Wednesday, July 2, 2014

The Twelve Steps and Christianity



Today is an anniversary, I've been clean and sober 20 months.  That's a wonderful gift from the Lord Jesus Christ.  I don't claim to be a member of any fellowship, but I will say that I love the twelve steps.  They are very powerful.  And they're very important to me.  The steps are an incredibly powerful process of transformation.

The steps originated in the Bible.  How do I know that?  The process originated with something called the Oxford Groups.  These were Christians trying to return to the roots of Christianity because they felt Christianity was getting off track.  Eventually a man named Bill Wilson, a hopeless alcoholic was attending these Oxford groups to try to stay sober, and from there Mr. Wilson wrote the 12 steps.  In the 1940s the steps were adapted for people with Gambling problems.  In the 1950s the steps were adapted for people with Narcotics problems, and then Over eaters, Cocaine, Nicotine, Meth, Depression, and Codependency.  

The steps are entirely founded in Biblical principles, providing a Christian with a great road map for the "how to" of living the daily Christian life.  Allow me to illustrate just briefly, and I'm just scratching the surface here.

The first step is really about surrender.  I admit I'm not God.  And without a higher power I can't seem to live a decent life.  I'm out of control, things are unmanageable and I can't get it right on my own.  Surrender ought to be a daily practice of the Christian.  How can I submit myself to God?  I know of myself I make bad decisions much of the time, admitting that is key.

The second step is about coming to believe that God exists and he can help.  That can take a moment or a century.  It's all up to me, and how much effort I want to place on the process of coming to believe.  There are a billion books, scientific evidence, history, audio books, Bibles on every corner, and YouTube for thousands of hours of lectures and talks by great minds.  Am I seeking honestly?  Am I looking for what I want to find?  The second part is.. assuming God exists, then I must also believe that he can indeed help me.  He has direct upon, he can fundamentally change me.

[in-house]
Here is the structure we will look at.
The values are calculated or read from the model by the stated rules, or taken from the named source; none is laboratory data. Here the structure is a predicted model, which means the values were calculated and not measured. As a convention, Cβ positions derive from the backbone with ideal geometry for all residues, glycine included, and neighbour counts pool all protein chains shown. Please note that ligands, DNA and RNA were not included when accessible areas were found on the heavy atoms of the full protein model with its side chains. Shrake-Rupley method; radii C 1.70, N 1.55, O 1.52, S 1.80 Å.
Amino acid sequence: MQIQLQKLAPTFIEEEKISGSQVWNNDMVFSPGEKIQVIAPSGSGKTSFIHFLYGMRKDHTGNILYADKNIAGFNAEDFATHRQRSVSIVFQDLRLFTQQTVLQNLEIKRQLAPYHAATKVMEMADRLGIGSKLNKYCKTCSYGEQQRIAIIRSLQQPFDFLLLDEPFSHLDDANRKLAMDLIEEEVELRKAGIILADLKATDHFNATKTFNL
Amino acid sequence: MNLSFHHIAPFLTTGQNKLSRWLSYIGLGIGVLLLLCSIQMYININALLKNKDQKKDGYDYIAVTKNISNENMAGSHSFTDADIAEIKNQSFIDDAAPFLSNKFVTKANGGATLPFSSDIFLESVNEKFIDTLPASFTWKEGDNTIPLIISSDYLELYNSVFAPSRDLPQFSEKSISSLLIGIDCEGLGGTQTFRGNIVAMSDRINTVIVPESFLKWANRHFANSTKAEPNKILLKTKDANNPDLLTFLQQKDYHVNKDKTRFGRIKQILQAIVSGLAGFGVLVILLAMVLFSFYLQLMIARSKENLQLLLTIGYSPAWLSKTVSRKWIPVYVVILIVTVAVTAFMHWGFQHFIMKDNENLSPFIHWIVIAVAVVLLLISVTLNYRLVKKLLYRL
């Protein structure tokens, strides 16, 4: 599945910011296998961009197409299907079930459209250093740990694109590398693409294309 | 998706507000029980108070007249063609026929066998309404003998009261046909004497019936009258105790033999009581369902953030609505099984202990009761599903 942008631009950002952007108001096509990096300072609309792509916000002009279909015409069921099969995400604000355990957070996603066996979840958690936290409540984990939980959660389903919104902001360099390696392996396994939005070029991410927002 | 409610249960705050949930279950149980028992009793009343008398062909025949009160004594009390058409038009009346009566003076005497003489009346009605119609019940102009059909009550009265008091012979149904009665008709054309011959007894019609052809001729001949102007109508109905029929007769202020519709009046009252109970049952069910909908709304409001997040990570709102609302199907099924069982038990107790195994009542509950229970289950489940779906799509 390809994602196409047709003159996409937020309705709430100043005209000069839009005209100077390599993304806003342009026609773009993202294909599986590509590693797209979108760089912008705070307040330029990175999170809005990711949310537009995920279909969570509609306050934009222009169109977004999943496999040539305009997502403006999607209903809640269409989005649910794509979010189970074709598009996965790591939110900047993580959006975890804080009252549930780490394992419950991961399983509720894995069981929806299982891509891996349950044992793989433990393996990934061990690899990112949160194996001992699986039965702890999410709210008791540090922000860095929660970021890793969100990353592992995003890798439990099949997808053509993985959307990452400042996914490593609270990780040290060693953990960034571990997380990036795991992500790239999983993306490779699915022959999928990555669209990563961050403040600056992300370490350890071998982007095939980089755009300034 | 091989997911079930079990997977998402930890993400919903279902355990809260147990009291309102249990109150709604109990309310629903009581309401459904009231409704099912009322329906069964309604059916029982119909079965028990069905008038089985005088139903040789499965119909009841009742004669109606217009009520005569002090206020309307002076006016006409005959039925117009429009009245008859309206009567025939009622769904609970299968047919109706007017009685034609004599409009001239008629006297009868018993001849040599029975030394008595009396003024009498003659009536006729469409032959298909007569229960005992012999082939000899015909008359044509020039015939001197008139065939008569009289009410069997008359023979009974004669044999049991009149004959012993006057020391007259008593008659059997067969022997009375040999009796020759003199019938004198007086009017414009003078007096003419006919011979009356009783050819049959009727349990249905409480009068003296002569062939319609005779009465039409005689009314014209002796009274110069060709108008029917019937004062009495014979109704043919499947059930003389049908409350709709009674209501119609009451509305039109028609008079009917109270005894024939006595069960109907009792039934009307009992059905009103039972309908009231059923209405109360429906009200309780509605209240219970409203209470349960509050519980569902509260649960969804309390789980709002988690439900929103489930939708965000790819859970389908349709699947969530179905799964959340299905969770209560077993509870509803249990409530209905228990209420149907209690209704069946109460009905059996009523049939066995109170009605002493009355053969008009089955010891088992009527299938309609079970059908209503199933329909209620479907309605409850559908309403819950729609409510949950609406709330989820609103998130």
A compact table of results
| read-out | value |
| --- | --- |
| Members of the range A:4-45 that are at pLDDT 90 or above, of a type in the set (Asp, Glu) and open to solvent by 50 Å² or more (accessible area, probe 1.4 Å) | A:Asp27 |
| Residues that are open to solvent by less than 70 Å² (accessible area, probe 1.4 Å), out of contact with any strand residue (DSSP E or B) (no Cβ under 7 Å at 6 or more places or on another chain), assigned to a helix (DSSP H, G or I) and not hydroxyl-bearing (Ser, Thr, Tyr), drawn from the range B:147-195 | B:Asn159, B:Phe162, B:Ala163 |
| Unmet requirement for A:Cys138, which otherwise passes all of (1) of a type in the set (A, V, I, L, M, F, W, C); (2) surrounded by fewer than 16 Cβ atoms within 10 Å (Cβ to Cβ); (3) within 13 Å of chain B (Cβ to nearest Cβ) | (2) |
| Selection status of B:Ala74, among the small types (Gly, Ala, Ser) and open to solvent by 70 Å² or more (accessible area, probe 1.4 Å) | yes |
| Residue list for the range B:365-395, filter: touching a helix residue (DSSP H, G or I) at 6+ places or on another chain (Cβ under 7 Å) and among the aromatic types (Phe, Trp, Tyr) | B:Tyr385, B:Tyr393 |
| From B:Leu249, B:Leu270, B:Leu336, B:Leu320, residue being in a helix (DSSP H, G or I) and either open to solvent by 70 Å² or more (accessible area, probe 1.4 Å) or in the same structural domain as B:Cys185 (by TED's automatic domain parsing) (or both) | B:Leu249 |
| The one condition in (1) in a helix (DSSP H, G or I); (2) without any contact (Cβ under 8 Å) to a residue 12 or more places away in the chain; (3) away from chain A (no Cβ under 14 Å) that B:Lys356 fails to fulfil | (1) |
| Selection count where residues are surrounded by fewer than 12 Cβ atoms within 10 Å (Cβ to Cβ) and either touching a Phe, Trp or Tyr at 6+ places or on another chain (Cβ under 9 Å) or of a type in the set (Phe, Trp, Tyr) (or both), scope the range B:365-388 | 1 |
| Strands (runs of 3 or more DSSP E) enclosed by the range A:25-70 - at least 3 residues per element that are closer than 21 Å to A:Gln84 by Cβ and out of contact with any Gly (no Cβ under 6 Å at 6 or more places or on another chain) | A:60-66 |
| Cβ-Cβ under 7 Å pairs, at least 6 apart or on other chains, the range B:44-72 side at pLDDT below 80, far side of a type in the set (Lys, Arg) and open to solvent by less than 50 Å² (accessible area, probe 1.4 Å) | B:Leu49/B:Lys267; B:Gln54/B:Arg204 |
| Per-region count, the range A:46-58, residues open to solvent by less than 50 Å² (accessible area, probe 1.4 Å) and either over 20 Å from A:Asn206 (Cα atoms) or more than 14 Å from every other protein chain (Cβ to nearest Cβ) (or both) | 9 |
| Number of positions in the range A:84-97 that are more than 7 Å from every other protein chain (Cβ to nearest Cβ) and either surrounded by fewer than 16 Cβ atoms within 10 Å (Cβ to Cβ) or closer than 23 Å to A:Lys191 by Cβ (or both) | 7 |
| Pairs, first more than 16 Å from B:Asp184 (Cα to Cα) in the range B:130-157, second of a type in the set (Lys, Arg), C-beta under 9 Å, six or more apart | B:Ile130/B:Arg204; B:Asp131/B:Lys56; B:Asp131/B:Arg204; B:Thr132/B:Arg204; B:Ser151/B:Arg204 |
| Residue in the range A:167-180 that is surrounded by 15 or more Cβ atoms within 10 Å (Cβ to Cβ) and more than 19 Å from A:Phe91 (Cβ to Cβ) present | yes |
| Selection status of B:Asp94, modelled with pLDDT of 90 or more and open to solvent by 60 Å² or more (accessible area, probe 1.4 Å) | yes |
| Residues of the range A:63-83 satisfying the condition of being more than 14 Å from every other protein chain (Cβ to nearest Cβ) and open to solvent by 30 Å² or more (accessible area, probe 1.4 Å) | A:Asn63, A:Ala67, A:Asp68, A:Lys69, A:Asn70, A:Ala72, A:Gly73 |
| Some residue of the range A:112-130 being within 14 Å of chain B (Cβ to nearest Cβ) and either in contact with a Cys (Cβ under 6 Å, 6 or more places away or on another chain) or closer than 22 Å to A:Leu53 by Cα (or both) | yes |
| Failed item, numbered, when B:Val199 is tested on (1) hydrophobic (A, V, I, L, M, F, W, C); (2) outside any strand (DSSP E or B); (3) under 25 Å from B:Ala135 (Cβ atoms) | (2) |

Step three, I turn my life over to God.  I try to do it God's way.  I ask for his guidance every morning and thank him for it at night.  I Give my life to Jesus Christ the savior.

Step four, I make an inventory of my decisions and actions.  I clear out the garbage within the soul.  

Step five means I tell the inventory to someone, I speak it out, and let it out, the full truth.  And by doing that, my soul is cleared of so much garbage and suddenly, I start to sense the presence of God.  It's not that he wasn't there, it's that I was so backed up I couldn't sense him.

Step six and seven means looking at the defects of character that showed up in step 4, and I face them.  I acknowledge them.  Then I ask God for the willingness to have them removed, one by one over time.

Step eight and nine is all about getting right with the people around me.  Have I hurt family or friends?  We all have.  We go to those people, apologize, and ask how we can make amends.  We get right with people.

Step ten, eleven, twelve are the progression of the journey.  Step 10 says I continue to work 4 through 9 on a daily basis.  I keep up with the process, I make it a lifestyle.  It becomes my design for living.  Step 11 means I seek after God.  I work on improving my contact with him.  I sense him more and more.  I pray to him, and I meditate on his word, which means just read the Bible, and think about what it says.  And of course step 12, is that I share the message, evangelism, I take the message to others about the good news of Jesus Christ!

Not so complicated is it? 

These are the steps as written, the 1st step and 12th step may change slightly depending on if a person is dealing with stress, drugs, sexual addiction, or spiritual emptiness.  But all in all it looks like this:
  1. We admitted we were powerless over our existence —that our lives had become unmanageable.
  2. Came to believe that a power greater than ourselves could restore us to sanity.
  3. Made a decision to turn our will and our lives over to the care of God as we understood Him.
  4. Made a searching and fearless moral inventory of ourselves.
  5. Admitted to God, to ourselves, and to another human being the exact nature of our wrongs.
  6. Were entirely ready to have God remove all these defects of character.
  7. Humbly asked Him to remove our shortcomings.
  8. Made a list of all persons we had harmed, and became willing to make amends to them all.
  9. Made direct amends to such people wherever possible, except when to do so would injure them or others.
  10. Continued to take personal inventory, and when we were wrong, promptly admitted it.
  11. Sought through prayer and meditation to improve our conscious contact with God as we understood Him, praying only for knowledge of His will for us and the power to carry that out.
  12. Having had a spiritual awakening as the result of these steps, we tried to carry this message to others, and to practice these principles in all our affairs.


If you would like to try working through the steps read through this piece that goes through the process: Practical Process for Inner Transformation 

And I'd also strongly recommend purchasing a book on the topic of the twelve steps.  There are many, many books that apply the 12 steps to all manner of problems.  The 12 steps have really revolutionized treatment of so many problems by applying a simple spiritual solution.  Go on Amazon or something and just search for "the 12 steps" or something of that nature.  I don't know what your concern is, anything from drugs, alcohol, or depression to simply wanting to live a richer Christian life.  

Good luck on your quest ;) 




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